In his recent article in the online magazine, Slate, Richard Thompson Ford discusses the key class action case, Wal-Mart v. Dukes, currently pending before the Supreme Court. Ford notes some of the problems of handling such an enormous number of claims as class actions. Under the Dukes trial plan, each class member’s entitlement to back pay will be determined by a mathematical model, without permitting Wal-Mart to challenge the merits of a particular class member’s claim.

Ford is okay with this because, in his view, “rough justice is better than no justice at all.” His rationale is revealing. He notes that proving individual discrimination is difficult and that “even if the statistics prove that Wal-Mart discriminated against a lot of women, very few would be able to prove they were one of them.”

Ford’s concern for “rough justice” is typical of advocates for procedures that aggregate many claims together for a single adjudication. Generally, these advocates worry about “false negatives” in civil litigation—the risk that a wrong will go unpunished rather than false positives—the risk that an innocent party will be forced to pay. While advocates of “rough justice” are right to worry that procedures should not be so cumbersome as to preclude legitimate claims, their proposed remedy is worse than the disease for several reasons. This post explores one of those reasons. Other reasons will addressed in future posts.

Ford’s concern that many women would be unable to prove a claim gives away the game. He advocates the class action approach not simply because it deals with numerous claims more efficiently, but because it allows persons to recover as part of an aggregated claim who would not have been able to recover as an individual claimant. It allows losers to become winners, not because the merits of the individual cases require that result but because weaknesses in individual claims are obscured when the dispute is litigated on a mass basis.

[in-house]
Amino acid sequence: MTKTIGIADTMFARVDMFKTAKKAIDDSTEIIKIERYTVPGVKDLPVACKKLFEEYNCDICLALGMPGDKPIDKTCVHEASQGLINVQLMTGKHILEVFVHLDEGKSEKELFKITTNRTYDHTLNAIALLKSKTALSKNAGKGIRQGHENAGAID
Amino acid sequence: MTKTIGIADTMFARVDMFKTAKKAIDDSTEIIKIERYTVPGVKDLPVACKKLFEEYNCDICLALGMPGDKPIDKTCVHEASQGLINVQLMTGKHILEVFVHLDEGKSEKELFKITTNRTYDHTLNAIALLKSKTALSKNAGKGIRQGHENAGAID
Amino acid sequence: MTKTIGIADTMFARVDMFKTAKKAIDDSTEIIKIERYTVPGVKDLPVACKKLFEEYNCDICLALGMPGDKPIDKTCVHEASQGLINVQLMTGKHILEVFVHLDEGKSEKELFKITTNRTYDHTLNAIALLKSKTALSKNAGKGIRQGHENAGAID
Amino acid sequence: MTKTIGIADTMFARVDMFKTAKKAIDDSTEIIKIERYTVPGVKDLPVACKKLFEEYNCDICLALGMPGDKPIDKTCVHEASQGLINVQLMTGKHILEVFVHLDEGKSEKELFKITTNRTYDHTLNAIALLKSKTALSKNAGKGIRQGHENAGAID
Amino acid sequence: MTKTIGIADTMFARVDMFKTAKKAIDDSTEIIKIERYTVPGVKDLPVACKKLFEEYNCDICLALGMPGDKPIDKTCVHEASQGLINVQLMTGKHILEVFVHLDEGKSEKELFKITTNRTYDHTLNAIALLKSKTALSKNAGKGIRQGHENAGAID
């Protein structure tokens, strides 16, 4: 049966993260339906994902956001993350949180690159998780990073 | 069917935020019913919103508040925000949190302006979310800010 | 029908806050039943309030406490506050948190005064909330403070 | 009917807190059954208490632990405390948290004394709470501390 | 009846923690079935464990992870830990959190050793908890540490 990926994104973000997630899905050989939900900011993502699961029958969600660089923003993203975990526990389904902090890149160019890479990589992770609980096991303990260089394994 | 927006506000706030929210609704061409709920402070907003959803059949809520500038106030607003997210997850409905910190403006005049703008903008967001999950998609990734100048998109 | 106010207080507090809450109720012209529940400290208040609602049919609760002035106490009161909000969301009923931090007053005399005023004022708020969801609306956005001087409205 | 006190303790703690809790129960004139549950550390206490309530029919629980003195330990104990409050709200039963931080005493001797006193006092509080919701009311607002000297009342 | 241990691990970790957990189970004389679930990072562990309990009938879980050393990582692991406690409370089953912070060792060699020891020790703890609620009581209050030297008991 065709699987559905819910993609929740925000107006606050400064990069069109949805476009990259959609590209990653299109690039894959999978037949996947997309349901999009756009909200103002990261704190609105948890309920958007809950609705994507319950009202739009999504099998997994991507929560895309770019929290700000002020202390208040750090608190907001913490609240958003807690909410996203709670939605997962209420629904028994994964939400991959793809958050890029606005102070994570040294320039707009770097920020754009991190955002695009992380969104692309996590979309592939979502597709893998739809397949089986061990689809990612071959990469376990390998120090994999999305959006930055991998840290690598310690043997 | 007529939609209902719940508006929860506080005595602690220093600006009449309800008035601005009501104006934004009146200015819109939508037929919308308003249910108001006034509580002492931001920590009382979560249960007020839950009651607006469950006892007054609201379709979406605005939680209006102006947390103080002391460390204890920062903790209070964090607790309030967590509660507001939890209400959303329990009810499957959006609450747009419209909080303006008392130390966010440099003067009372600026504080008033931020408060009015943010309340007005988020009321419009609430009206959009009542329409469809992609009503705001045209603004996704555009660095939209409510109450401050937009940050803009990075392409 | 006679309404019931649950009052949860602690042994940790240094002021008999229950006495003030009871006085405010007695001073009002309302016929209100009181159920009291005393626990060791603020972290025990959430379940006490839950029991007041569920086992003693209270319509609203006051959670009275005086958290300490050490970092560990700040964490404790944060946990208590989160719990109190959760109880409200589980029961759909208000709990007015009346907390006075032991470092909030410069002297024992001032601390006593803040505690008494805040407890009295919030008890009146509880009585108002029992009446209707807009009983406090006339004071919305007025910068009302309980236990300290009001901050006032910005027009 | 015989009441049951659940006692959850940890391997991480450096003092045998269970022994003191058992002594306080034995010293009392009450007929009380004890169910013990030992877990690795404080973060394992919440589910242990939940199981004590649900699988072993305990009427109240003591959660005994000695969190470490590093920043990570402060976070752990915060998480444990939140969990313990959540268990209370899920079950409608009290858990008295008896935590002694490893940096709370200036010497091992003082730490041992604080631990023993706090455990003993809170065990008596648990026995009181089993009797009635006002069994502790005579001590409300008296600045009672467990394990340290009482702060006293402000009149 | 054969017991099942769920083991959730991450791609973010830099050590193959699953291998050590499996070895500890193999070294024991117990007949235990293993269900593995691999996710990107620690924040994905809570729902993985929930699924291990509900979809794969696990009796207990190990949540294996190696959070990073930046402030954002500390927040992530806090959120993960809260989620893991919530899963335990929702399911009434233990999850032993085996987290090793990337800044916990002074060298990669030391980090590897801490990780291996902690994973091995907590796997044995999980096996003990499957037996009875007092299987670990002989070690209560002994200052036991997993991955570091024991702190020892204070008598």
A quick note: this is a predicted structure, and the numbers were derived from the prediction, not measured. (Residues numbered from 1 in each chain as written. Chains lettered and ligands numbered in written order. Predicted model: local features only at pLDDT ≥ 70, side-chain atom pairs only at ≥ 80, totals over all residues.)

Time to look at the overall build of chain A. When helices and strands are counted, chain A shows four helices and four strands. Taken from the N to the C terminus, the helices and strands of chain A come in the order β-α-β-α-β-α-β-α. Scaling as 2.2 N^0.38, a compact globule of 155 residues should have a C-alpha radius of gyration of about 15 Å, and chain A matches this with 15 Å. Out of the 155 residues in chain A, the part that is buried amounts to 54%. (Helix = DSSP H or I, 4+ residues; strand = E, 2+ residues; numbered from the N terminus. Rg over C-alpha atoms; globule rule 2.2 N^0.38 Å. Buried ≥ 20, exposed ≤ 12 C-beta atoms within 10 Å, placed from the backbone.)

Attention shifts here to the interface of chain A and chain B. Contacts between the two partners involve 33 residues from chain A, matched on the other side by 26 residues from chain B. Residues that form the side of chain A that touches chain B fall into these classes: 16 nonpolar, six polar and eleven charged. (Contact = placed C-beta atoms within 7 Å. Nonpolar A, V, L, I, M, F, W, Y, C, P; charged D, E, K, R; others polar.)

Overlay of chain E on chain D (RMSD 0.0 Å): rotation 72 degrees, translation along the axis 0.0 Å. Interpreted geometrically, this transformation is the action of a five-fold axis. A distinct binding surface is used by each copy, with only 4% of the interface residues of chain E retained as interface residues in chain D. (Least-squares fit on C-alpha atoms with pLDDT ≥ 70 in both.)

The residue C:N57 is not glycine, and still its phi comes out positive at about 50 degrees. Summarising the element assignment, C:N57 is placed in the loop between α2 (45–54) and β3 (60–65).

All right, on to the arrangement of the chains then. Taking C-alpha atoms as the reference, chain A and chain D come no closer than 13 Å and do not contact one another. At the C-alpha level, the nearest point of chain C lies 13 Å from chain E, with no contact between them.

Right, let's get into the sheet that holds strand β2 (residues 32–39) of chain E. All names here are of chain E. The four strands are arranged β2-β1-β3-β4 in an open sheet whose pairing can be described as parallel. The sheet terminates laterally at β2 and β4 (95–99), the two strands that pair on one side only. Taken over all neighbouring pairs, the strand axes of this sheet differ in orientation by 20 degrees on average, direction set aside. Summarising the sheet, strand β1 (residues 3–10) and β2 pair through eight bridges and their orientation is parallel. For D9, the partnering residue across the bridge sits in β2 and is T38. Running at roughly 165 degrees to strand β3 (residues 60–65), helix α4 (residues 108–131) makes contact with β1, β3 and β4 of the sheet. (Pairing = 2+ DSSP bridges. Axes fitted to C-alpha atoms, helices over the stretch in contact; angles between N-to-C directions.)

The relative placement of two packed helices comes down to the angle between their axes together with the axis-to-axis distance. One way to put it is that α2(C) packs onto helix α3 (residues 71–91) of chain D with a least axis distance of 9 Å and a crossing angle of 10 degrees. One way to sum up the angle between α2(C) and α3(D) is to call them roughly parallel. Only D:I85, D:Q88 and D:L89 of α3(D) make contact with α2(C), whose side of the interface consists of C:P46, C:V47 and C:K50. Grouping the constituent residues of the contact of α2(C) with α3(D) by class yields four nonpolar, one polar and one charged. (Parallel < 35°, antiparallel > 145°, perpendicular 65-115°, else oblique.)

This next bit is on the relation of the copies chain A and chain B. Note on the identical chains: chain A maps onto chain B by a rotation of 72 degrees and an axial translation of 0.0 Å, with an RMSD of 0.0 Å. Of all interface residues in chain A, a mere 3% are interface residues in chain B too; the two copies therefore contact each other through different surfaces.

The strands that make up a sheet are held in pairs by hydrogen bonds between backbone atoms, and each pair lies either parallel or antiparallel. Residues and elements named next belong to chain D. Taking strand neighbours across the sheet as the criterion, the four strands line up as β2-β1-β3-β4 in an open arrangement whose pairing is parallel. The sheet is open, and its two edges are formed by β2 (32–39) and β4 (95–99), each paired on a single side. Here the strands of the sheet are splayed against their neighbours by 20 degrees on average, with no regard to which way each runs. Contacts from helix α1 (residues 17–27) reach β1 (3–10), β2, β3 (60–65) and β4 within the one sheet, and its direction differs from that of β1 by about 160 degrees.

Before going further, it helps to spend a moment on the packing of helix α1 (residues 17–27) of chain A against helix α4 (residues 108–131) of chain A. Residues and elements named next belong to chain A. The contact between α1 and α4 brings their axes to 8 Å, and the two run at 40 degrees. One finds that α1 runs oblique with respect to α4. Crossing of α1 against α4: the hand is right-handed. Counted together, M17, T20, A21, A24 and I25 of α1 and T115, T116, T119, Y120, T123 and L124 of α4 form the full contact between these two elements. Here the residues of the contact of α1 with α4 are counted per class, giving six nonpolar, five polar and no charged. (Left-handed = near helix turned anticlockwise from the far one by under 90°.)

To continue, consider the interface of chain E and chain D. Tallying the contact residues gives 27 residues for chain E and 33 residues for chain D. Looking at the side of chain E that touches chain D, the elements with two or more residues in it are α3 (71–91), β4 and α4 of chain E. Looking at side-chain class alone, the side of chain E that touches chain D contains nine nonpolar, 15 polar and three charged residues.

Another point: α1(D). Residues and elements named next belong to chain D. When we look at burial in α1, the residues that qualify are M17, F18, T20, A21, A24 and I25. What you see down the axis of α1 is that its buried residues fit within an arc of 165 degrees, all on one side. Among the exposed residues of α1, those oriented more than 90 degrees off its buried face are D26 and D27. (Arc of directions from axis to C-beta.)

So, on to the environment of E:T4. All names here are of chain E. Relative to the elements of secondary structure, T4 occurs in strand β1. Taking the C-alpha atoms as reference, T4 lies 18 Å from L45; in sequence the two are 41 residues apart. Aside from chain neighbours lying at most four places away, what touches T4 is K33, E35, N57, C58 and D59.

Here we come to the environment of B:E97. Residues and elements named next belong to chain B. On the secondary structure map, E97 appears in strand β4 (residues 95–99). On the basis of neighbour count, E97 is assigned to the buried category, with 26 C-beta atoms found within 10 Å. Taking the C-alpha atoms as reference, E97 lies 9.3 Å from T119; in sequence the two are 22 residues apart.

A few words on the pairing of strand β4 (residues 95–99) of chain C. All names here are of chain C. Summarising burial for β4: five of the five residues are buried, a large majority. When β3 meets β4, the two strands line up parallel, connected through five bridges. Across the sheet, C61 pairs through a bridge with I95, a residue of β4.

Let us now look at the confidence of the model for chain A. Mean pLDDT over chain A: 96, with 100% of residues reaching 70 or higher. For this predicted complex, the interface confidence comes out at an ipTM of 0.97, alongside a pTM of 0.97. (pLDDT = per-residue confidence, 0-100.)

Ford’s argument is not really about class actions at all. His “rough justice” position ultimately boils down to a preference that a member of a group that has experienced discrimination should be permitted to recover, even if the particular individual cannot show that she has been affected by that discrimination.

Whatever the merits of this view, it is simply not the law. To obtain money damages, a plaintiff must show that she has been personally injured. Converting a case to a class action should not be permitted to change this result. The Rules Enabling Act prescribes that the rules of procedure are not to be used to alter a party’s substantive rights.

Procedural devices such as class actions are meant to implement the law more efficiently, not to change what a claimant must establish to win the case. Hence, the American Law Institute’s Principles of Aggregate Litigation speaks of the essential requirement of “fidelity” in all forms of aggregate litigation. Aggregation of claims must be used to implement the law faithfully, not to alter it. Indeed, to use class procedures to change the law is undemocratic. It alters the policy choice enacted by Congress when it restricted the back pay remedy to those who had personally been victims of discrimination.

It’s tempting to use techniques such as class actions as a kind of a short cut to justice. But too often such short cuts never reach the intended destination. Sometimes they take you places you never wanted to go.